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My birthday comes up in January and Mary said I could take a birthday trip to Mexico, since I had taken her to Mexico on her birthday. Only she couldn't come this time. I wanted to go to Huatusco, in the state of Veracruz, Mexico to visit Manolo and his family. Manolo is the president of the Christian Motorcyclists Association (CMA) in Mexico and he and his family had stopped by our house in October on their way back to Mexico from CMA headquarters in Arkansas. Huatusco is about 16 hours ride down the coast, two hours inland from the city of Veracruz. Yahoo maps says its about 850 miles from Corpus Christi. My speedometer cable is broken at the moment, so I wouldn't know.

Manolo said he could meet me at Cardel, just north of Veracruz where the intersection is to head inland, but I told him I thought I could find my way to Huatusco and he didn't need to make the trip. As usual, you can find the photo album on Picasa: http://picasaweb.google.com/andyc740/Huatusco0109#

I couldn't convince anyone to go with me, so I decided to go by myself. Six days; two days getting there, two days in Huatusco, and two days home. Rocinante went in the shop the week before the trip to see why she wasn't running well and Mark tore down the carburetors and found them full of dirt. And with the metering needles worn from 75k miles of riding. We didn't have time to order new parts, so he cleaned everything up and put her back together, adding some in-line fuel filters. Rocinante appreciated the attention and ran much better, though still with rough fueling coming off idle. Her back tire was worn and the chain has quite a few miles on it. I went anyway.

Since I was traveling by myself I could leave any time I wanted, so hit the road at 6:30 in the morning. Temperature was in the mid-30's, pretty brisk for South Texas. With the carb work, Rocinante showed none of her usual recalcitrance at starting on a cold morning. I stopped 75 miles down the road in Falfurrias to get some coffee and warm up a bit. The Mexican border showed up about 10:30 and took me half an hour to cross. I crossed at the Pharr International Bridge as I usually do. The weather was warming so I shed a few layers of clothes. I got papers for 6 months so I don't have to worry about the border till July.

From Reynosa, I headed south on 97 to intersect highway 101 going from Matamoros to Ciudad Victoria. The road south of Reynosa is about a 60-mile straight stretch with fields on both sides of the road. Not too interesting. At the intersection, the Army waved me through the checkpoint after asking where I was headed and I ate lunch at a taco stand where a fellow at the gas station across the road assured me they had the best tacos in the world.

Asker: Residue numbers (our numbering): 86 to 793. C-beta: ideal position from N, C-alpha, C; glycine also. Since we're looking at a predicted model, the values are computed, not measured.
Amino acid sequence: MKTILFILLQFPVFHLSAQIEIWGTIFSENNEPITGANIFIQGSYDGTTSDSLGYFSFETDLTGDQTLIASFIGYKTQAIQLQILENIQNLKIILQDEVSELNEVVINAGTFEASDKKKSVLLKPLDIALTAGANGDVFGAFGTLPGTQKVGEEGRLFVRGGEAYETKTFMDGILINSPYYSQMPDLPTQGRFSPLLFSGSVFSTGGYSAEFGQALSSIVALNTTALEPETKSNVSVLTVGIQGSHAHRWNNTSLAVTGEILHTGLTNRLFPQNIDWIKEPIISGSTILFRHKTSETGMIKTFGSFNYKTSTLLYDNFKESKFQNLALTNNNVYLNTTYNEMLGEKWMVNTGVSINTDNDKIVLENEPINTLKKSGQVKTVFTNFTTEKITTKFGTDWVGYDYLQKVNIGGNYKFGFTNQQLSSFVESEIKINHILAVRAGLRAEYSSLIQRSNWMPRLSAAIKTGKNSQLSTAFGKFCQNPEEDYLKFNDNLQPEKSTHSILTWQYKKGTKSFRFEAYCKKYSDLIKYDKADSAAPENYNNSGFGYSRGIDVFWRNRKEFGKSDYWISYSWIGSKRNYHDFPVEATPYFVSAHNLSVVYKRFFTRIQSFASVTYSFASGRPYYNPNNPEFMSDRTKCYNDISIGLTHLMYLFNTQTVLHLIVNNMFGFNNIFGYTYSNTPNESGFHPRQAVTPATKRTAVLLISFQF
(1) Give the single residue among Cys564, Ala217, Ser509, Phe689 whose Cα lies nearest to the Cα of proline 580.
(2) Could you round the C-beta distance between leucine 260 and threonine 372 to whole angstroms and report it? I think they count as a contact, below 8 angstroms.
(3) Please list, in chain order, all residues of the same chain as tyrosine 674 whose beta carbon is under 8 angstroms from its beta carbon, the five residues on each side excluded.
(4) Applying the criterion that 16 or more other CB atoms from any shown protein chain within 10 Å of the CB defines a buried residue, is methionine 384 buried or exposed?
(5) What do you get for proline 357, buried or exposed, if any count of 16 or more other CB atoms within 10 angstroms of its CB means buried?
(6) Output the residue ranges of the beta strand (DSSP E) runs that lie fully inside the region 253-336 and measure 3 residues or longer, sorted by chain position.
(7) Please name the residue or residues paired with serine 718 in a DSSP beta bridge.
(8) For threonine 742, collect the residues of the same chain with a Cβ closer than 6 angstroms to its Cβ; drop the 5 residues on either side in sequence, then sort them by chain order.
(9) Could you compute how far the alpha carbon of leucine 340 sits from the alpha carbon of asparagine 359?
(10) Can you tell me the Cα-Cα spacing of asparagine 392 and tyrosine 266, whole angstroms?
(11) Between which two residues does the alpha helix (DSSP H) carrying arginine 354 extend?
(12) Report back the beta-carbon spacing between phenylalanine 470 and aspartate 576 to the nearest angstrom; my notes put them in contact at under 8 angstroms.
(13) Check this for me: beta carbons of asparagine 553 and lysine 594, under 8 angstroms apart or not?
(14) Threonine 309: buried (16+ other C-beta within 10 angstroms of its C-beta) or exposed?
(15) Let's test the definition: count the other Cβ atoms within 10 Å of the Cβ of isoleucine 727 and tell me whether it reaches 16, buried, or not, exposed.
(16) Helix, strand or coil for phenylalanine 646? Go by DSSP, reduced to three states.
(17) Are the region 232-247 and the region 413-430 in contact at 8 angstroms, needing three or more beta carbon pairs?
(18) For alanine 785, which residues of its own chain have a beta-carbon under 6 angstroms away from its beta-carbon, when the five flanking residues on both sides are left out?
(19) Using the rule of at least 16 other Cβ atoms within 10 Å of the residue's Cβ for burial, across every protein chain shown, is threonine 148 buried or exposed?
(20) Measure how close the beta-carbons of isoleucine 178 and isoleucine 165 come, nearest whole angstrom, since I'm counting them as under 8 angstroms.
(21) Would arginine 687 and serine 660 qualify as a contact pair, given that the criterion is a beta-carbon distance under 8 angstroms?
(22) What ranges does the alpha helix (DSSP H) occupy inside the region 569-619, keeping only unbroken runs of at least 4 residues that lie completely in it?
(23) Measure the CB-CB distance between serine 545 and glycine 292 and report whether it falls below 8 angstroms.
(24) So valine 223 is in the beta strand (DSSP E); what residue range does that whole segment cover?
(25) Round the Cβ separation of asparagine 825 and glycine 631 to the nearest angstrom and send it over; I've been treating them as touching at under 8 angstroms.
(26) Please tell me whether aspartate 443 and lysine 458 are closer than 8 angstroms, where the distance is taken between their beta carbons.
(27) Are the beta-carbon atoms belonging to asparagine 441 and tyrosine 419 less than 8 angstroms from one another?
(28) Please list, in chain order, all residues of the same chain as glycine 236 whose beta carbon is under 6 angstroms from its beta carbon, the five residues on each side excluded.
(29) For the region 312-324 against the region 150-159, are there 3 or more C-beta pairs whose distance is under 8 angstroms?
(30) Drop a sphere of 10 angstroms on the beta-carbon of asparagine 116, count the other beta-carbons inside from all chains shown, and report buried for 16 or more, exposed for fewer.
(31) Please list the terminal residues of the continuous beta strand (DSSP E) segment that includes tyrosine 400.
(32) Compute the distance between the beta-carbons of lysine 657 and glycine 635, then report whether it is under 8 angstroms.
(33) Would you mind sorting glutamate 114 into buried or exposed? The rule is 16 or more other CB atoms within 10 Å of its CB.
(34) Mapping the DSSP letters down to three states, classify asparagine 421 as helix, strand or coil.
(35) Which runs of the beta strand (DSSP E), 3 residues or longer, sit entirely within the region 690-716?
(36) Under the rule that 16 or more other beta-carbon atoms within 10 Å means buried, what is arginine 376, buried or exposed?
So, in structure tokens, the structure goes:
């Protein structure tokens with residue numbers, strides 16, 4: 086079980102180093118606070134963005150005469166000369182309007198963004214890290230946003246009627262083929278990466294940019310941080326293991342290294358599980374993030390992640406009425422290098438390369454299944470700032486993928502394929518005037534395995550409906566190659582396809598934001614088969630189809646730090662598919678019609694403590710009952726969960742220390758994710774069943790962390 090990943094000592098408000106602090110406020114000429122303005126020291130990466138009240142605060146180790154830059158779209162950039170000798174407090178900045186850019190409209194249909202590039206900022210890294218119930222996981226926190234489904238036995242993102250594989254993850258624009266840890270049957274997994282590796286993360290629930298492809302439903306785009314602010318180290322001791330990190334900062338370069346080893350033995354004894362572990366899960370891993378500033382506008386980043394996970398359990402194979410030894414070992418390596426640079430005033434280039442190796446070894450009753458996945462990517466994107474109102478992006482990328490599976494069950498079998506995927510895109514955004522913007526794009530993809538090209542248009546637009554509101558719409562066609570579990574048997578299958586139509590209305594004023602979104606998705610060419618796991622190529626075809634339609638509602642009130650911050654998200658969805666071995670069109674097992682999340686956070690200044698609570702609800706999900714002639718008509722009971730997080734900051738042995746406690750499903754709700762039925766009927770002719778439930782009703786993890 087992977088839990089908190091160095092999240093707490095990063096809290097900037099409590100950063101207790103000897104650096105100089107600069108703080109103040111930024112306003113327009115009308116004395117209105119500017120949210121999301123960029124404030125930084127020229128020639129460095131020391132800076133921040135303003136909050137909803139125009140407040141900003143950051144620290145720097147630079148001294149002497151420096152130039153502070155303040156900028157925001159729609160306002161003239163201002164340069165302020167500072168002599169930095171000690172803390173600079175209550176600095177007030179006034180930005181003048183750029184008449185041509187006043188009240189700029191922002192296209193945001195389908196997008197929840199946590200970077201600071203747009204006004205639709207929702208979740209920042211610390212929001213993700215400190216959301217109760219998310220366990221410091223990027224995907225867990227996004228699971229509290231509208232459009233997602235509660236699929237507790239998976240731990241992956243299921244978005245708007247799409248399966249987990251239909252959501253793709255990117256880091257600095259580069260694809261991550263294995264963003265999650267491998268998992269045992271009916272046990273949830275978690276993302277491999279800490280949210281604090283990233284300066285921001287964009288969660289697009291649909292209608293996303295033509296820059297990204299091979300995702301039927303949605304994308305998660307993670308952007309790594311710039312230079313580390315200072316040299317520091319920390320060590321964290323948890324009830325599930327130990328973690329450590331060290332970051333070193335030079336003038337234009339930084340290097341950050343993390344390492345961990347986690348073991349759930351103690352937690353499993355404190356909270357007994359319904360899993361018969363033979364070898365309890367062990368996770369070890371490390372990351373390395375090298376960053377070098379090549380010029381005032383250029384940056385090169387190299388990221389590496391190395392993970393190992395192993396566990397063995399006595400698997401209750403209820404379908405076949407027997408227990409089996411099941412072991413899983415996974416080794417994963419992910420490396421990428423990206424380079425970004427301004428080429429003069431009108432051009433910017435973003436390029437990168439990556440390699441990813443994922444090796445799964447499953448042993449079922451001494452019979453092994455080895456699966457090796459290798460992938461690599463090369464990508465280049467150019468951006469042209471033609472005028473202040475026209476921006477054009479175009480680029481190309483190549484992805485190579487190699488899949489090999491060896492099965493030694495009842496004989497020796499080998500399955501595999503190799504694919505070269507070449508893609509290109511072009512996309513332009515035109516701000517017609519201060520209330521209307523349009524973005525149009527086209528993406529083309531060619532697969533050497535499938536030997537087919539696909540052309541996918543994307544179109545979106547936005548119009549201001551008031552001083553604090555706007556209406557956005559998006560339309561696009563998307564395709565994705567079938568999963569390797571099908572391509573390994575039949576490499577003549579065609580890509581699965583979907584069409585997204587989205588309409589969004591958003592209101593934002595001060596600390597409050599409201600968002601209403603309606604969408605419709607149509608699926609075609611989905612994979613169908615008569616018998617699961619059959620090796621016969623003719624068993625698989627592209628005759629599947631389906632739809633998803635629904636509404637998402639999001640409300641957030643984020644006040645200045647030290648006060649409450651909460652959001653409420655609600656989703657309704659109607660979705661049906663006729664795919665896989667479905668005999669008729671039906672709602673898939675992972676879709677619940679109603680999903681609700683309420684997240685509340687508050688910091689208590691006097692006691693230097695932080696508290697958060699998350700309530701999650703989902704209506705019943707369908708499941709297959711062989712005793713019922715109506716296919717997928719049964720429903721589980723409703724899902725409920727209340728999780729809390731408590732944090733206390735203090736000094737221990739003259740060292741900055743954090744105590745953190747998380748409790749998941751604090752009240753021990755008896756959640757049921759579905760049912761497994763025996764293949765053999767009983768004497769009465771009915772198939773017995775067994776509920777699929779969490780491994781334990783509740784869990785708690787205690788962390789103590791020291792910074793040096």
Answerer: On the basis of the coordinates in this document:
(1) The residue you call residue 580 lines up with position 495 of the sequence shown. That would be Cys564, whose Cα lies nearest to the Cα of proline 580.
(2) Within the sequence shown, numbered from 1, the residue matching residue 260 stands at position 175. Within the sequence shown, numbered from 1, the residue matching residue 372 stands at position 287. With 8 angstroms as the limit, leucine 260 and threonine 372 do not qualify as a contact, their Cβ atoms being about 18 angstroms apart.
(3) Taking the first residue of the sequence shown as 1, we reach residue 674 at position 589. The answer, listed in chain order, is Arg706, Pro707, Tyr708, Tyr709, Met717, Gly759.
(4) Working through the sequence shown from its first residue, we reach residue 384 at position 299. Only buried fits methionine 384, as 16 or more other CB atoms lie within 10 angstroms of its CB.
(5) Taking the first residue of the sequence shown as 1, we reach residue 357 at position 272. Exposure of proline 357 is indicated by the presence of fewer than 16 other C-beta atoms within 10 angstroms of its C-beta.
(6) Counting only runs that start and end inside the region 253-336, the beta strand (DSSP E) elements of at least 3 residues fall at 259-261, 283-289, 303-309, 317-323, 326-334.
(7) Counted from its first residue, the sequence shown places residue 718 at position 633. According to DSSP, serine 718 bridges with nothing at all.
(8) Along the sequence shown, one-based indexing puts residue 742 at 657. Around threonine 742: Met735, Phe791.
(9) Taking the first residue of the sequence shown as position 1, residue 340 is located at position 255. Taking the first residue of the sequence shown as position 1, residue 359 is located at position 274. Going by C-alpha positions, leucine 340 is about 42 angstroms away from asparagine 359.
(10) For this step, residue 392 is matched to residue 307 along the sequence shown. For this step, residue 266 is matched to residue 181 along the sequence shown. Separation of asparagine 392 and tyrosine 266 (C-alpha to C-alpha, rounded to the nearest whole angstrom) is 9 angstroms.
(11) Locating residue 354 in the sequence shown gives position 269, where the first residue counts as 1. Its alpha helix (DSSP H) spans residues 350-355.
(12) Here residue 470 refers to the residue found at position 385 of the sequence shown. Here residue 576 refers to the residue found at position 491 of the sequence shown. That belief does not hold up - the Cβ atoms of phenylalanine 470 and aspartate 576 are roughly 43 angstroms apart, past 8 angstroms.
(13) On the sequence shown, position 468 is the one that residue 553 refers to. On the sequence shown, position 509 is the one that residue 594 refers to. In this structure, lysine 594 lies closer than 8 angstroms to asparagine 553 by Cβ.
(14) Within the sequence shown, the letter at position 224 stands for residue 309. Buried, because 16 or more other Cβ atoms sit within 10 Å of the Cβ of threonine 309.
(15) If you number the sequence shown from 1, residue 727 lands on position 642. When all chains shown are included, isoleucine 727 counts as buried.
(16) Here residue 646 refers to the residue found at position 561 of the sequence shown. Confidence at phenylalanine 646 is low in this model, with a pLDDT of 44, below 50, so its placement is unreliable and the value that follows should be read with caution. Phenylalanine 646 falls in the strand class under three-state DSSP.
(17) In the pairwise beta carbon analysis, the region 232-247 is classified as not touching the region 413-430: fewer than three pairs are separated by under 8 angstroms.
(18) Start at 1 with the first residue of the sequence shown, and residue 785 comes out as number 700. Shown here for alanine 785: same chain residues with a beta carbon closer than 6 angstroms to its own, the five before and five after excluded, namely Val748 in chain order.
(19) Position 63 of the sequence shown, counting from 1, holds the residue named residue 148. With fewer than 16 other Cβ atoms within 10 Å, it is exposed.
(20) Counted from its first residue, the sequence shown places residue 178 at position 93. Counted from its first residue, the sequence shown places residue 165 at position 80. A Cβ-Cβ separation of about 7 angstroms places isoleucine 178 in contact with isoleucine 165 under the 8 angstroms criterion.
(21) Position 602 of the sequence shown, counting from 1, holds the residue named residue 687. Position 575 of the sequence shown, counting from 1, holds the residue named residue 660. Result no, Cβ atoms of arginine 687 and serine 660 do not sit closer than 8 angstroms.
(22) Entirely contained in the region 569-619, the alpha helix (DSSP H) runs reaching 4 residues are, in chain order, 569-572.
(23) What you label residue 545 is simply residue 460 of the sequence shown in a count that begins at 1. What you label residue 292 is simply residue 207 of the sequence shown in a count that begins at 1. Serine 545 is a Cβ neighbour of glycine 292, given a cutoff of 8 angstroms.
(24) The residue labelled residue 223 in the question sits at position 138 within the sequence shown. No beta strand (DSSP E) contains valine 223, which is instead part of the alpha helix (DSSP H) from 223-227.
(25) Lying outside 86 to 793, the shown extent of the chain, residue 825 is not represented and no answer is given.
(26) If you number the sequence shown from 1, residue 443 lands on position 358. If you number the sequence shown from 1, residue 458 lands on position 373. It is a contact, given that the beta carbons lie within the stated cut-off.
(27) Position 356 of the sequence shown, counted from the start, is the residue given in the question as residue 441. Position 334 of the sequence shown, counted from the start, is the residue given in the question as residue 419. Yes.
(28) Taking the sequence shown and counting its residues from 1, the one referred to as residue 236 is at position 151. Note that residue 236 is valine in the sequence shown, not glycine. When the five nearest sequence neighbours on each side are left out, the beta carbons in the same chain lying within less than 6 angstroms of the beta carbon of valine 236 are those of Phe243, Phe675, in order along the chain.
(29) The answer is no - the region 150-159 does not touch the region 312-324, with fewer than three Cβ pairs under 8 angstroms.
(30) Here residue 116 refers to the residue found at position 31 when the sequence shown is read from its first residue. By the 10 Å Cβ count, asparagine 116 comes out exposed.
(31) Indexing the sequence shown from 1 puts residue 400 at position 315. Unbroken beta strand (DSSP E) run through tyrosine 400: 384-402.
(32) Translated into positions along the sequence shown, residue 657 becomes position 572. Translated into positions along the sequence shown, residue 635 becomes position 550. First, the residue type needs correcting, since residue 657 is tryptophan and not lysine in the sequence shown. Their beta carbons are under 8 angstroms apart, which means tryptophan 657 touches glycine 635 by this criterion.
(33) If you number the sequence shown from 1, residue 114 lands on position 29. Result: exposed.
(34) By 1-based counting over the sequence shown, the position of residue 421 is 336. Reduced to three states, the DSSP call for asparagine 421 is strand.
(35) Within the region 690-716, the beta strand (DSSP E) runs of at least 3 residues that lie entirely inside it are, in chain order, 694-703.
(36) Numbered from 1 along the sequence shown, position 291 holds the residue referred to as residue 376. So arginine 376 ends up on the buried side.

I wouldn't rate them number 1, but they were good. I turned off the highway onto 180 another hour or so down the road after buying some gas, went through Soto La Marina and emerged on the main highway, 80, between Ciudad Victoria and Tampico, just a bit north of Tampico. I was in a hurry going down the road and wasn't stopping to take pictures. I did take more on the way home, so you'll have some to see. About the time the road crosses the Tropic of Cancer, palm trees begin appearing. Very appropriate.

I went through Tampico on the bypass, which wasn't much of a time savings. There were traffic signals, speed bumps, potholes, knots of heavy truck traffic and that turned out to be typical of the highway heading south from Tampico. The roads aren't as good as the ones I am used to in northern Mexico and getting down the highway was slower. Being on a bike does make passing slower traffic fun. Just be careful on turns that you don't meet someone in your lane passing someone coming the other direction.

Manolo recommended spending the night at a hotel in Ozoluama. I arrived there about 5:30, found the hotel and checked in.

I had dinner at a restaurant along the highway in Ozoluama after riding around town and not finding anything else. Everybody watched me ride past in town. I guess they don't get too many gringos there that bother to get off the highway. Dinner was cesina and estremadas. Cecina turned out to be dried skirt steak cooked up like a fajita and the estremadas were chopped up tortillas cooked in some meat juice. Not bad. The waitress offered me some pineapple pinole after dinner and it tasted really good. I bought a kilo of string cheese to give to Manolo's wife, Ortensia. Back at the hotel, my chest cold was bothering me and I began coughing every time I lay down, so I wound up sitting up watching old Mexican movies on TV until I finally passed out.

The next morning, I woke up hearing water dripping off the eaves of the hotel. Warm air was trying to push back against the cold front and it turned into drizzle and rain that lasted the entire day. Breakfast was at an Oxxo store just down the road and I also took the opportunity to buy a Guia Roji, Mexico's version of a Rand McNally road atlas. Another fellow having coffee told me how to bypass the town of Tuxpan. Mexico is littered with Oxxo's, their major convenience store chain. At the next town, Naranjos, the highway was blocked for some reason and traffic was turning around and going through town to get back on the highway a bit further down. I just followed the pickup ahead of me and was headed down the road again after an extra half hour or so of delay without every seeing why the road was closed.